A number of images illustrate the texts. Others are collected in the Mythological Gallery and the Iconography (see also Catalogue of Images).
The sources are listed at the end of each page where a link to Abbreviations is provided, together with a list of sections related to the current page.
A chronological strategy for the study of the myths is outlined at Getting acquainted with the myths. Even if you choose other methods, the table provides a summary of the material, organizing important sections in a convenient way.


How reliable is the Greek Mythology Link?

Notice published in Amphora, publication of the American Philological Association, Vol. 3, Issue 1, Spring 2004

The Greek Mythology Link (1997) is a collection of myths based on Genealogical Guide to Greek Mythology (1993) and represents, in several respects, an expansion of it.

Several peer reviews (i.e., evaluations made by professionals working in similar fields) of the book may be read in this page. One review comes from the Classical Association of Canada. Other reviewers, like Anna Lambraki (publisher of the Greek magazine Archaeology) or Johan Flemberg (Sweden, Classical Archaeology), are well known classicists.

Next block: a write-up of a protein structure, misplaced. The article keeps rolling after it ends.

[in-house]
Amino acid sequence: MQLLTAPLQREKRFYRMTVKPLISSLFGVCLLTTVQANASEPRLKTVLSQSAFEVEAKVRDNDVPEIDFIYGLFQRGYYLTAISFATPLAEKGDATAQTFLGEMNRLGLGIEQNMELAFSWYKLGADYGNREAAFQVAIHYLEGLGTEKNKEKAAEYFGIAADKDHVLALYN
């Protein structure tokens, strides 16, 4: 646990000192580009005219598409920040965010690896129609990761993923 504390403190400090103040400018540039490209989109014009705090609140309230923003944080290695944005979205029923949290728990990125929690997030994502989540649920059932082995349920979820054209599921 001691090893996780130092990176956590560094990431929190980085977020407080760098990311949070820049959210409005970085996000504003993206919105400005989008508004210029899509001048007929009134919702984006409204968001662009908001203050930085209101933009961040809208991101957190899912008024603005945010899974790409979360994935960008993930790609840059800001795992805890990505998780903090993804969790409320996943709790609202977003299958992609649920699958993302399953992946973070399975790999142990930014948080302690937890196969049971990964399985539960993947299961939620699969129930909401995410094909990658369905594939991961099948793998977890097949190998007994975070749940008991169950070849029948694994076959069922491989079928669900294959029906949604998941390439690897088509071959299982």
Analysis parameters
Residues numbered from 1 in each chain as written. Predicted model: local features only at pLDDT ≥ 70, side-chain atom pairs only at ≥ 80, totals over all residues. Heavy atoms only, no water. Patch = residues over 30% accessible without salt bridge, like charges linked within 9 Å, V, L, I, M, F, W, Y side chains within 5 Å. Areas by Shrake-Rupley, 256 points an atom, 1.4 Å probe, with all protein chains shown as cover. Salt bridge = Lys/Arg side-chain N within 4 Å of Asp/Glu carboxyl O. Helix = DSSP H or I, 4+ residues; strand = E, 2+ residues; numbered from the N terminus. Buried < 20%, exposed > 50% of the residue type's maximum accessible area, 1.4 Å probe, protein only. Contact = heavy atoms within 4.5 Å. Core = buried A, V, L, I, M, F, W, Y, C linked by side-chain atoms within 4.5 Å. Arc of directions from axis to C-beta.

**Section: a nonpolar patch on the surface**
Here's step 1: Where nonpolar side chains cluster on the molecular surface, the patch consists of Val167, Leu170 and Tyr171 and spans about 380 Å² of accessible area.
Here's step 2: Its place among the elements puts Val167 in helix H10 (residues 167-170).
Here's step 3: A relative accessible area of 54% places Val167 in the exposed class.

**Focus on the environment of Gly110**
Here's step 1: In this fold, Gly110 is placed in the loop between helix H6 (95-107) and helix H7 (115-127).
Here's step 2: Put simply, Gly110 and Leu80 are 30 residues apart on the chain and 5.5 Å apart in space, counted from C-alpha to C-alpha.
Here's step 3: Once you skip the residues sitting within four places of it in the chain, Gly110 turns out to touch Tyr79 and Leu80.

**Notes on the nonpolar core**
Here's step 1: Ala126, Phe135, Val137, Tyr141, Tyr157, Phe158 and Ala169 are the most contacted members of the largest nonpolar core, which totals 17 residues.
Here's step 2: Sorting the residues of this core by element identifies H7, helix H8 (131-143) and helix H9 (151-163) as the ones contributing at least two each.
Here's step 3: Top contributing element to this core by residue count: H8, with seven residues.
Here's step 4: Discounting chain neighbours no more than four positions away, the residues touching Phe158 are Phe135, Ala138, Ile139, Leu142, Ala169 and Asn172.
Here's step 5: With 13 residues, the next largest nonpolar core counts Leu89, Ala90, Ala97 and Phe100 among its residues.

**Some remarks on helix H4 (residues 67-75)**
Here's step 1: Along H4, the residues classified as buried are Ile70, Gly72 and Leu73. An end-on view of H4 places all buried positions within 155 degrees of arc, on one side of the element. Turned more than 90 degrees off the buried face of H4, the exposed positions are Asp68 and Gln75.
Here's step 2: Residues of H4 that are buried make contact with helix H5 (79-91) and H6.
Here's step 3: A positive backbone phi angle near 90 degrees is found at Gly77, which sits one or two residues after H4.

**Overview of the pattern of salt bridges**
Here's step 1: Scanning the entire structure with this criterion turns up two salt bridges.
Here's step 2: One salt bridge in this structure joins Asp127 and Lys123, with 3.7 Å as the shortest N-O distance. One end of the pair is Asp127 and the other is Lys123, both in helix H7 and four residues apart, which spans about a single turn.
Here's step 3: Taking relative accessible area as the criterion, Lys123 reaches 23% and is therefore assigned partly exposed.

The Swedish Council for Research in the Humanities and the Social Sciences (Vetenskapliga rådet - humaniora och samhällsvetenskap) granted Genealogical Guide to Greek Mythology an aid of publication in 1993. The publisher was Prof. Paul Åström
(Paul Åströms förlag/Astrom Editions), an archaeologist who made significant contributions in the field of Mediterranean archaeology. Prof. Paul Åström passed away in 2008, but Astrom Editions continues to exist and now carries over 600 academic titles.

The site has attracted as much attention as the book. For example Amphora, the publication of the American Philological Association, regards the Greek Mythology Link as a
"Notable Web Site."

Yet another example could be the entry at Intute which describes the Greek Mythology Link as
"a vast online repository of detailed information on the Greek myths," concluding that this site "should be a primary resource for anyone interested in Greek mythology and its reception in modern times."
Intute is supported by the University of Oxford, Manchester Metropolitan University and the University of the Arts London.